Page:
West African lungfish 14"
Protopterus annectens ssp.
West African lungfish (WAL)
Protopterus annectens annectens:
Africa: Senegal, Niger, Gambia, Volta and Chad basins, also in temporary tributaries of Chari River in Western Sudan; Bandama and Comoé basins in Côte d'Ivoire and certain basins of Sierra Leone and Guinea.
Protopterus annectens brieni:
Africa: Upper Congo River (Luapula), middle and lower Zambezi basin and all east coast rivers south to the Limpopo River; Upper Cubango and Okavango system; Lake Rukwa. Has been translocated to additional sites in the Kruger National Park in South Africa.
This lungfish is able to aestivate and is an obligate air-breather which means that it must breathe air in order to survive.
40″ (100cm). It is usually smaller in aquaria, but is still easily capable of achieving a length of over 30″.
P. a. annectens are common in the pet trade while P. a. brieni appear to be much harder to find in the trade.
A standard 100 gallon aquarium will be sufficient for housing the average adult West African lungfish (Protopterus annectens ssp.) for life. Please remember that these aquarium sizes are just the recommended minimums and a larger aquarium will certainly be appreciated by your lungfish.
West African lungfish are insensitive to most water conditions. One does not have to have much, if any, aeration as they are obligate air-breathers. A moderate pH is recommended, though others (whether notably low or high) can be tolerated. Remember to keep up on water changes and have abundant filtration in order to deal with the excessive waste left over by these large fish.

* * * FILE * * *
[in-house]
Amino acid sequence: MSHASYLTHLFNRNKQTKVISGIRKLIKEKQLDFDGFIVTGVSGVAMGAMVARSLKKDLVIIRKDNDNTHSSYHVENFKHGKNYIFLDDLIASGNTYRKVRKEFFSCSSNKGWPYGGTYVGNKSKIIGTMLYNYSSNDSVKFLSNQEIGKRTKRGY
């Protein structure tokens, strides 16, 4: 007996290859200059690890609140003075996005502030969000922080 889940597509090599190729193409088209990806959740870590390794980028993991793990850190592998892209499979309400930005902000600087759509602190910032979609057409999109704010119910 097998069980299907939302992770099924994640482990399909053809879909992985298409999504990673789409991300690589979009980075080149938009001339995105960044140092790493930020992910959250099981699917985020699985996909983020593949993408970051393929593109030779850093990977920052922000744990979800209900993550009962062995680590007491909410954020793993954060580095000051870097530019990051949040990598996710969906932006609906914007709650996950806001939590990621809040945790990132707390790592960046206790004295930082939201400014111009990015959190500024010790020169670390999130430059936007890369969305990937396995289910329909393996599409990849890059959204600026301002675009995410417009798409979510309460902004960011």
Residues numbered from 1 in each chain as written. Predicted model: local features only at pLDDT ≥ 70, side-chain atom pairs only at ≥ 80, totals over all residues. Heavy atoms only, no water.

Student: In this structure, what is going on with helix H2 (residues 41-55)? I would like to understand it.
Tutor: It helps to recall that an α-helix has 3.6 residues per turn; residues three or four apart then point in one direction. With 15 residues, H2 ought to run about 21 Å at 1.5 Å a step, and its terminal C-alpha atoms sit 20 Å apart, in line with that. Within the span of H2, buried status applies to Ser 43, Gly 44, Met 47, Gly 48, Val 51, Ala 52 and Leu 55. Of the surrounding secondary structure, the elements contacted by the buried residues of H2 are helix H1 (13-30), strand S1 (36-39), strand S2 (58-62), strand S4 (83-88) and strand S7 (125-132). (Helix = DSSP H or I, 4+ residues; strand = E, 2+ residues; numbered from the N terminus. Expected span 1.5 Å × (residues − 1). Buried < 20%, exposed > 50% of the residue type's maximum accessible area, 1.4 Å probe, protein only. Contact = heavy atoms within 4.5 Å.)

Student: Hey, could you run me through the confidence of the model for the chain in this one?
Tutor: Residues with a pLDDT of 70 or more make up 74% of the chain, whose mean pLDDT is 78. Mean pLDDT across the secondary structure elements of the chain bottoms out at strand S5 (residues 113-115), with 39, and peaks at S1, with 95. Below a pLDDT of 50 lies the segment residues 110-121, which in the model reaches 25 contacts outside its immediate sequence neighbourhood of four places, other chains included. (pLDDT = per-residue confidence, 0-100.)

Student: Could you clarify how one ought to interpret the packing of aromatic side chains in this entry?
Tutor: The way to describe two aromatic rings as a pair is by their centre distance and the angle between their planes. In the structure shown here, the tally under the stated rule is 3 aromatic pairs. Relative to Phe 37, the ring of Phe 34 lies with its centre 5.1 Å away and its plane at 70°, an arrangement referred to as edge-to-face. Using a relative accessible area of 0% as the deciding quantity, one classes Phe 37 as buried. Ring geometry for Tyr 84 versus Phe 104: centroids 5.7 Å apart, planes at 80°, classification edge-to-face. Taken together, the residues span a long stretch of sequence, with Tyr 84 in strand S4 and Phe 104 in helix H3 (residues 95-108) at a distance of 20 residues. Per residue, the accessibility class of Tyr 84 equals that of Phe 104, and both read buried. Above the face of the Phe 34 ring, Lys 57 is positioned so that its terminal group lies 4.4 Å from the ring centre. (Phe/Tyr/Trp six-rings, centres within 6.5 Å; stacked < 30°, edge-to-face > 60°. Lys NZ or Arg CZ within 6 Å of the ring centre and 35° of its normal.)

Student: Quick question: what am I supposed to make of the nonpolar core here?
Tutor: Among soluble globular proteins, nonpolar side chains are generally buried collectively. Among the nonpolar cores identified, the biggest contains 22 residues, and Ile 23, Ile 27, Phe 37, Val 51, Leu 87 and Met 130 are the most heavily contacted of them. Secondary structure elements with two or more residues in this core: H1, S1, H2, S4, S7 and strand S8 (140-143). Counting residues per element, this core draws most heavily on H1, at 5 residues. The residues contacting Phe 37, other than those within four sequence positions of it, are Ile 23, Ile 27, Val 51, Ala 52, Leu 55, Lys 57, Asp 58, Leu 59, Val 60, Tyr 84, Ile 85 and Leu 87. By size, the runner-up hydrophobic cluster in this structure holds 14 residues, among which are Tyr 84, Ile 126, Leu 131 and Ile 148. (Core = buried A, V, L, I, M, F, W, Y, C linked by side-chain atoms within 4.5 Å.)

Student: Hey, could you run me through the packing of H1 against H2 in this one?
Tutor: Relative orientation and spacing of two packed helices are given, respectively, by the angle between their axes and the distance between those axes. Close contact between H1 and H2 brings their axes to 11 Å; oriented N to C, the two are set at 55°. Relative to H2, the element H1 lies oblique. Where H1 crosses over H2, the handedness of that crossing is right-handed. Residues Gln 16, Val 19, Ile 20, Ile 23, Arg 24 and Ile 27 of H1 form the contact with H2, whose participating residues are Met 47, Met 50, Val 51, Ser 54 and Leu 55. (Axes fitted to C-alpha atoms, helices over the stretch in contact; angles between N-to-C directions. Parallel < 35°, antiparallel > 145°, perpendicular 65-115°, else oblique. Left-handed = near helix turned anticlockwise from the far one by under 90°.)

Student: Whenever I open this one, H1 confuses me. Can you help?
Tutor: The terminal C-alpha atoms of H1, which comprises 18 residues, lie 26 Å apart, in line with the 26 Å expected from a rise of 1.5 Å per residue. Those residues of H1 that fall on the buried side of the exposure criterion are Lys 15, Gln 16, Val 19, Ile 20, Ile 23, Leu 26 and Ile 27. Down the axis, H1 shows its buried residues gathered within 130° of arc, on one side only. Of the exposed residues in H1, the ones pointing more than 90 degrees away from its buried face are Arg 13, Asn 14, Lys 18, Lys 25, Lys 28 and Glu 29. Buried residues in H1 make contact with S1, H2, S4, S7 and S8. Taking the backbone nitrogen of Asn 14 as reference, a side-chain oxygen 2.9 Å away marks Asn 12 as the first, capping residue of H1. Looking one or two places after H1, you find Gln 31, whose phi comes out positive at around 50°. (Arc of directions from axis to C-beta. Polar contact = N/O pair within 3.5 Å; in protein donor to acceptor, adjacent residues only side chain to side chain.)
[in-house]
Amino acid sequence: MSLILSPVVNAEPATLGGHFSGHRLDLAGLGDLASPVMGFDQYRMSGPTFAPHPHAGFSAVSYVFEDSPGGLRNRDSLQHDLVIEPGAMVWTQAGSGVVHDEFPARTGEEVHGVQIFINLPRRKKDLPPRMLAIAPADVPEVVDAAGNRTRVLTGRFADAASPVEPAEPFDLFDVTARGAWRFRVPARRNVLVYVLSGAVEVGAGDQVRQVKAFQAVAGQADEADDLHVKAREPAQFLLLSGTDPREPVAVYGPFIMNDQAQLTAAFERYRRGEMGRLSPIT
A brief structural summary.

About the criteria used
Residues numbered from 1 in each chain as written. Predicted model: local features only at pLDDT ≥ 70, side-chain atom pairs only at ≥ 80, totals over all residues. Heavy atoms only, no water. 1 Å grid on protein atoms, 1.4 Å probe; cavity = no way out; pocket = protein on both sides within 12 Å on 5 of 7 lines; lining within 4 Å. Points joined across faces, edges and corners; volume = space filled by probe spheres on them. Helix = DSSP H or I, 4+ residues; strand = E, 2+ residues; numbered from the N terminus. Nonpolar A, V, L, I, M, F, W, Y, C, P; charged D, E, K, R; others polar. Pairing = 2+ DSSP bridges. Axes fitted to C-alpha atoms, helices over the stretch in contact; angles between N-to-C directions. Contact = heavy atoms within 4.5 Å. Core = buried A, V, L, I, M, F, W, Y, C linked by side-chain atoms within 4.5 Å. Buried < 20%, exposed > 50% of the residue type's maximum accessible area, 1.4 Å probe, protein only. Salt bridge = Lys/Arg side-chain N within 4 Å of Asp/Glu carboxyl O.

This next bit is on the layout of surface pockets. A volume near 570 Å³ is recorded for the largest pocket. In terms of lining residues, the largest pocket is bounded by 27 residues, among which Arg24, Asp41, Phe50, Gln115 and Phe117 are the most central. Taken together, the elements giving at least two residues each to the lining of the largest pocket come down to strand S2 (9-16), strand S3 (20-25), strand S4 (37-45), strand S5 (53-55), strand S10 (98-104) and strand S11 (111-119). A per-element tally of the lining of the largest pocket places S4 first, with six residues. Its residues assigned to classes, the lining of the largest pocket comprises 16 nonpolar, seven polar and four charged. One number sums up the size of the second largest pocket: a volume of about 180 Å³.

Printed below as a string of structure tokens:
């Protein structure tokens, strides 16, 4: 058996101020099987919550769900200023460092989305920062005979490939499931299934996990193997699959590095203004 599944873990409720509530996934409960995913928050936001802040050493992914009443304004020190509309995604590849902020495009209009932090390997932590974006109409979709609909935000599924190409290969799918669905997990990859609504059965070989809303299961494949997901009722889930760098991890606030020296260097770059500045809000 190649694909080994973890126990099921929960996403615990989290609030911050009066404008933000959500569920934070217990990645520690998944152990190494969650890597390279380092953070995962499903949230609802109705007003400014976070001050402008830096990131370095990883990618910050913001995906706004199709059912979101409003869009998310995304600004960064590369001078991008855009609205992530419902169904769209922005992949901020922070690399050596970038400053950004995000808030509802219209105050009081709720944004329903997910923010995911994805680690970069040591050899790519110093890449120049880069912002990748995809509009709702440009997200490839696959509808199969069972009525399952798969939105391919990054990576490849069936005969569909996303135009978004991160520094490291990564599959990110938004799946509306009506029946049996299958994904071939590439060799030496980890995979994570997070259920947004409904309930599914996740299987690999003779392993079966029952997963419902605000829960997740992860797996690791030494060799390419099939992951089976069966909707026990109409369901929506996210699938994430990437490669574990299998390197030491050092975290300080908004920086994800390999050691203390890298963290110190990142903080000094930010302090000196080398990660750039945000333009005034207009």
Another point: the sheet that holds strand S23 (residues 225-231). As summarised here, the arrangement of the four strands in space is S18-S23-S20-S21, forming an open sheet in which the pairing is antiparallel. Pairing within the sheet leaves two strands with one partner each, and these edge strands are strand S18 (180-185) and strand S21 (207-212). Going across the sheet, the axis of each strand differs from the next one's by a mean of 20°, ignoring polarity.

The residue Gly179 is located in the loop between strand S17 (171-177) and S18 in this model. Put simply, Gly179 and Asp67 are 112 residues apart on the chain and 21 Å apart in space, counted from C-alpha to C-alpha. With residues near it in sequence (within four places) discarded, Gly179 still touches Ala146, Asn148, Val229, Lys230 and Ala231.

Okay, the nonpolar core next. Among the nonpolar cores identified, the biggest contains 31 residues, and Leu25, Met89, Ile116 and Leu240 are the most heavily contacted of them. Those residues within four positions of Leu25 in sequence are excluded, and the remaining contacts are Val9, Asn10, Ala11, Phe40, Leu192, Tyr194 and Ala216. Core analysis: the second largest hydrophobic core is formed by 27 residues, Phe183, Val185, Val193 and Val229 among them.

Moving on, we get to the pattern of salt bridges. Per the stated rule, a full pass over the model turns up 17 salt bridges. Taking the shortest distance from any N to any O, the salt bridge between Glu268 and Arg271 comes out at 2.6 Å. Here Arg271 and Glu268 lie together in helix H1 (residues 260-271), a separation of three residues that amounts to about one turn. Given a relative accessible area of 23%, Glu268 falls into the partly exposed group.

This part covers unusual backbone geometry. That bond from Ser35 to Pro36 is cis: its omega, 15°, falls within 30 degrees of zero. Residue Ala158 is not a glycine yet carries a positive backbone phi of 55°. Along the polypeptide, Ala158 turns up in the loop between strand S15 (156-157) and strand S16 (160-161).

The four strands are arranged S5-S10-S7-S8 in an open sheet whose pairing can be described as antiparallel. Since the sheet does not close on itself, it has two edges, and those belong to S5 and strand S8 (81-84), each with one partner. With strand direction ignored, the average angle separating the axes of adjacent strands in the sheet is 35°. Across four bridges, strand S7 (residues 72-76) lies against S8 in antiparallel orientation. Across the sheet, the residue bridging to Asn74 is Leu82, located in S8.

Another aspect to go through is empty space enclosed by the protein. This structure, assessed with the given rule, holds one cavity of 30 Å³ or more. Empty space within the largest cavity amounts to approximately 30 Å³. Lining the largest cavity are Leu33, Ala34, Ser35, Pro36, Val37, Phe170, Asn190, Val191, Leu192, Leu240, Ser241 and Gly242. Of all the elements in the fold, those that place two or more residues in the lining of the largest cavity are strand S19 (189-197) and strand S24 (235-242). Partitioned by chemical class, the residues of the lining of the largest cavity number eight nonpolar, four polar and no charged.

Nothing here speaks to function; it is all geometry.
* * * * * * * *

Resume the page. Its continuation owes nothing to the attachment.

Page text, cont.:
West African lungfish are best kept alone because they have a nasty habit of injuring/killing/eating their tankmates. It is also noteworthy that West African lungfish should not be kept with their own kind (one per aquarium).
West African lungfish are not very picky fishes, so they can be fed a variety of foods, and they must have a varied diet that is both rich in proteins and plant matter. They should be fed mostly proteins on a regular basis with plant matter being offered occasionally. The plant matter helps to prevent lateral line erosion on the head of the lungfish, so be sure to include at least algae wafers in the lungfish’s diet. Acceptable food items include shrimp, fish fillets, whole fish, earthworms, sinking pellets (Massivore, etc.), algae wafers, and various nontoxic vegetables such as cucumber.
Young lungfishes should be fed daily or multiple times daily, if desired; older lungfishes can be fed every other day or even more infrequently (every three days), if desired. No matter what your feeding schedule consists of, let the lungfish eat as much as it wants and do not leave much, if any, leftover food in the aquarium after feeding.